The unprecedented global social and economic crisis triggered by the Covid-19 pandemic poses grave risks to the nutritional status and survival of young children in low-income and middle-income countries.
Of particular concern is an unexpected increase in child malnutrition, including reduction in infant and young child feeding practices, due to steep declines in household incomes.
The reduction in purchasing power has negatively affected the availability and affordability of nutritious foods, and caused interruptions to health, nutrition, and social protection services.
As we commemorate World Breastfeeding Week (August 1-7) this year, one thing we know for sure are the benefits for breastfeeding children.
Evidence shows us that optimal breastfeeding is vital to the lifelong good health and well-being of women and children. Globally, scaling up breastfeeding could prevent 2 000 maternal deaths, 823 000 child deaths, and US$302 billion in economic losses every year.
The World Health Organisation (WHO) and UNICEF recommends early initiation of breastfeeding within the first hour of birth, feeding the child only breast milk for the first six months (exclusive breastfeeding), and continuing to breastfeed for up to 24 months or beyond, with introduction of nutritionally adequate and safe complementary (solid) foods at six months. Even in the context of Covid-19, WHO recommends that mothers with suspected or confirmed Covid-19 should continue breastfeeding.
The benefits of breastfeeding substantially outweigh the potential risks of Covid-19 transmission while practicing the regular hygiene and prevention practices.
Despite general acceptance of breastfeeding in Zimbabwean society, the country is still struggling to improve breastfeeding indicators.
There is still a lot of work to be done in creating an enabling environment to help communities ensure they feed infants and young children to promote the best nutrition, health and environmental outcomes.
The 2019 MICS report shows that in Zimbabwe, less than two thirds of children are breastfed within the first one hour after birth and less than half of the children zero to six months of age being exclusively breastfed. There has been also a rise in bottle feeding which does not only increase the health risk to the infants, but also contribute more to pollution.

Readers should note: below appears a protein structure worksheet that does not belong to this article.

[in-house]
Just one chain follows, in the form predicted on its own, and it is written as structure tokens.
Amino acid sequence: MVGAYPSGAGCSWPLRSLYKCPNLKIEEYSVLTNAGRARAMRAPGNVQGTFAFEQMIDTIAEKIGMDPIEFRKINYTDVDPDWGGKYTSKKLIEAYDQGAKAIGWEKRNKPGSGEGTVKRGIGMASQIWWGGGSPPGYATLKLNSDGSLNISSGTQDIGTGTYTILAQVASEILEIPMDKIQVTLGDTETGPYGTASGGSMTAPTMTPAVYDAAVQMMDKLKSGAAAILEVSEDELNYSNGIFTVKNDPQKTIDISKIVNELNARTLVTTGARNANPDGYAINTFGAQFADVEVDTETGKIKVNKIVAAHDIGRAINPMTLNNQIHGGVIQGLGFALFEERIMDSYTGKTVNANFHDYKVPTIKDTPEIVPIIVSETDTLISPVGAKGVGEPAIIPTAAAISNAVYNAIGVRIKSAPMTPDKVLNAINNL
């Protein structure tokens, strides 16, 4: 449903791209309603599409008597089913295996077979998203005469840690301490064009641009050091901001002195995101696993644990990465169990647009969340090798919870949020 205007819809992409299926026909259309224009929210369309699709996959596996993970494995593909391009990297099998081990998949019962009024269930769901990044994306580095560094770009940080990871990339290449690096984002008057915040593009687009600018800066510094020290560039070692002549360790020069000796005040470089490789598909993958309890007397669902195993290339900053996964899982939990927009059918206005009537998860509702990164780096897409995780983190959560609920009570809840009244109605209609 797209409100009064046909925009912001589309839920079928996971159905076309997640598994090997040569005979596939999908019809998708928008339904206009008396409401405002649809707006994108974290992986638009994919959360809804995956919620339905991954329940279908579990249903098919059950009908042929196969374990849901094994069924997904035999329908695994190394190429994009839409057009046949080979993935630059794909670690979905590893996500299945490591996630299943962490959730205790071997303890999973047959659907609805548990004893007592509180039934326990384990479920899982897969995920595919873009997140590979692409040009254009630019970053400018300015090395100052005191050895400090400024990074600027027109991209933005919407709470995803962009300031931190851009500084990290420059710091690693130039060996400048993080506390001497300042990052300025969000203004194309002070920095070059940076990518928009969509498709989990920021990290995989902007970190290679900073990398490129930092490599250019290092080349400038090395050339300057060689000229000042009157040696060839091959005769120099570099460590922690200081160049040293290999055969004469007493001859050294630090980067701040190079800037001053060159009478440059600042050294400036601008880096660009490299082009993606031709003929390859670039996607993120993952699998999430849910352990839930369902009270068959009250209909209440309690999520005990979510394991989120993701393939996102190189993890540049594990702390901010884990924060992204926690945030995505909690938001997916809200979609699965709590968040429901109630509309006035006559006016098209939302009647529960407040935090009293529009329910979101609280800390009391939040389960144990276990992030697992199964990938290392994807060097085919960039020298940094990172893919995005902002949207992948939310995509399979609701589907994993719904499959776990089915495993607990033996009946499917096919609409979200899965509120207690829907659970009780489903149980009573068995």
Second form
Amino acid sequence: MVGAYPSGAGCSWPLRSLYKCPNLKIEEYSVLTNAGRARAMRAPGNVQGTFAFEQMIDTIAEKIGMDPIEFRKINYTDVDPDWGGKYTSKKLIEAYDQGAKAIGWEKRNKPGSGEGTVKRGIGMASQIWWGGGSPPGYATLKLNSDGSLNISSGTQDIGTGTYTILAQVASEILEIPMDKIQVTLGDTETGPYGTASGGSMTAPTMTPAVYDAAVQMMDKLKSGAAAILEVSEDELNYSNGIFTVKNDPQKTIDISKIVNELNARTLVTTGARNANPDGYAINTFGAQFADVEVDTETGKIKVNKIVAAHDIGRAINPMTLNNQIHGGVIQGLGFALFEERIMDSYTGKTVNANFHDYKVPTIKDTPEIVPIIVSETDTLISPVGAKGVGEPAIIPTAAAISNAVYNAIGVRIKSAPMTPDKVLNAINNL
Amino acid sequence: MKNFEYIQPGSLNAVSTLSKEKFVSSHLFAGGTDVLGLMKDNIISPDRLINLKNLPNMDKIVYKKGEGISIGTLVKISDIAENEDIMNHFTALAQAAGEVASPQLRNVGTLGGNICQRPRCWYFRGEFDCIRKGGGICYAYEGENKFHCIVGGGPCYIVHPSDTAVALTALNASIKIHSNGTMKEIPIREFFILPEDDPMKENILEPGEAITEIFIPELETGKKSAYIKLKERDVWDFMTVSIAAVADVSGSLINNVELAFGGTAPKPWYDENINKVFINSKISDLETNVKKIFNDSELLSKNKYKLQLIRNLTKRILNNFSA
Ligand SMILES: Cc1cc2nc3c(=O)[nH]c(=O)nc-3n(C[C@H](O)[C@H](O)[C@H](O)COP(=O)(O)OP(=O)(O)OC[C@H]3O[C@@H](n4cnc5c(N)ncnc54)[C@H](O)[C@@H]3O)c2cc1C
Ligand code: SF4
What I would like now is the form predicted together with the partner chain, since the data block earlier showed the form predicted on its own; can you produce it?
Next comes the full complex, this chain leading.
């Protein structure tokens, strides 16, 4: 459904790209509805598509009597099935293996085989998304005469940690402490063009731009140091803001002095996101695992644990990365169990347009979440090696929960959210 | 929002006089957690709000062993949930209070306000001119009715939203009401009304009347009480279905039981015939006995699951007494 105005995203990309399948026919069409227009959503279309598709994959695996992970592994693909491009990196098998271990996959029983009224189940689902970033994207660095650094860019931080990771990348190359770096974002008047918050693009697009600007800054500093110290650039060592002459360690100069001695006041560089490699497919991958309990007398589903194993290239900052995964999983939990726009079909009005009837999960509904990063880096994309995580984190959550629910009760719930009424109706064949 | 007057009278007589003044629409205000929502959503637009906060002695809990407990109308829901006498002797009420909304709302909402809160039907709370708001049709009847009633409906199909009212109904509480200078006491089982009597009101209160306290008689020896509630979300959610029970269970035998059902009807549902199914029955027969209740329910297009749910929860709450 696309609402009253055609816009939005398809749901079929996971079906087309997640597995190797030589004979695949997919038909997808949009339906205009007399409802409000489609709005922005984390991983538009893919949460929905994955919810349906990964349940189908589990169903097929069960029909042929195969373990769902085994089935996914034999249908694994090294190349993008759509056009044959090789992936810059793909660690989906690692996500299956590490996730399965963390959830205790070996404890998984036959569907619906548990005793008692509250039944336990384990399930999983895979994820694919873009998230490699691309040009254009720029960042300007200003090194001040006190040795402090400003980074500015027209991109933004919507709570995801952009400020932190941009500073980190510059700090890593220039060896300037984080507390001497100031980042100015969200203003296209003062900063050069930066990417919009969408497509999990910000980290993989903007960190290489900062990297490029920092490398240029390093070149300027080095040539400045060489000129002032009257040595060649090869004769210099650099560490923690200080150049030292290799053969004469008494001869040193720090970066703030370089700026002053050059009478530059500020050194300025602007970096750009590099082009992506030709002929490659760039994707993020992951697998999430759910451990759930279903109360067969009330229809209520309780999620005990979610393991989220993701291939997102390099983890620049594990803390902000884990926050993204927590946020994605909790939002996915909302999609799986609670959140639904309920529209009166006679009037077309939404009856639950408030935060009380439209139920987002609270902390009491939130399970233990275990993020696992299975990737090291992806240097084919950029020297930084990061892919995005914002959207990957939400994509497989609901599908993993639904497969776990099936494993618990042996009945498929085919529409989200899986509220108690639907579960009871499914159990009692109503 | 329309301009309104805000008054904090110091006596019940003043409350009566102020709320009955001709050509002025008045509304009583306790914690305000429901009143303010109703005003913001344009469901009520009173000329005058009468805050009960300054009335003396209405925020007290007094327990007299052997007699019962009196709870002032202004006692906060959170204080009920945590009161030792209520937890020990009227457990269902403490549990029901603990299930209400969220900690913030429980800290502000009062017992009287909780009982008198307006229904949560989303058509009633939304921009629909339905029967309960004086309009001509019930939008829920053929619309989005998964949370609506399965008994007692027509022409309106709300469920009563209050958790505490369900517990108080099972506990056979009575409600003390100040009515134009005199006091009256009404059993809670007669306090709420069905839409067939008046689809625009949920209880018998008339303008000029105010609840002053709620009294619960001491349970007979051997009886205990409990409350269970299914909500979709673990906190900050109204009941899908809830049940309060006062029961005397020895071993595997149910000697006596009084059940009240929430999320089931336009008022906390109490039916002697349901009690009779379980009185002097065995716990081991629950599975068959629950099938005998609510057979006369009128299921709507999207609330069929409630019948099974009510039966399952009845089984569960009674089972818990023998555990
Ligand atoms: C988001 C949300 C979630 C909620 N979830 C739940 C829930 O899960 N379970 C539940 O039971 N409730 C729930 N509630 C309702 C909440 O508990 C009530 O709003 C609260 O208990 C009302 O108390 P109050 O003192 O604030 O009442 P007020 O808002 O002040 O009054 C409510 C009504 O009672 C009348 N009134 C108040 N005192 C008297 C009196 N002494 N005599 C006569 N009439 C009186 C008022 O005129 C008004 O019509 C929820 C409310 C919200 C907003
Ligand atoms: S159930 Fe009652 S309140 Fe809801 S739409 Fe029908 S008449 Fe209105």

Aggressive marketing by multinational baby formula and baby food companies is among the factors that undermines breastfeeding and is associated with decreases in breastfeeding rates.
Breast milk substitutes are marketed directly to consumers via mass media and advertisements and indirectly via incentives, free supplies, and promotions to and through health workers and facilities, retailers, and policy makers.
Particularly, during events such as this global Covid-19 pandemic our communities must remain aware of the benefits of breastfeeding over breast milk substitutes.
Rise in marketing of breast milk substitutes influences social norms and contributes to the wrong perceptions that formula use can be comparable to or better than breast milk.
Zimbabwe currently has outdated legislation (Statutory instrument 48 of 1996) related to this issue, which requires an urgent review and enforcement.
Adoption of stricter regulatory frameworks coupled with independent, quantitative monitoring and compliance and enforcement are needed to counter the impacts of breast milk substitutes marketing.
The focus of this year’s commemoration is to inform our society about the benefits breastfeeding has on the environment.
It is important to protect, promote and support breastfeeding in our nation for a healthier planet and healthier people.
As we recognise that breast milk is made by the human body and is always available for a baby, breastfeeding reduces the impact of environmental costs, waste and pollution caused by formula packaging and processing.
During this challenging time, let’s all work together to promote breastfeeding across our communities.
Breastfeeding is one of the natural and wonderful gifts we can give our children and is a public health intervention that prevents infections and illnesses and saves lives.
A joint statement by Ministry of Health and Child Care, WHO and UNICEF commemorating World Breastfeeding Week 2020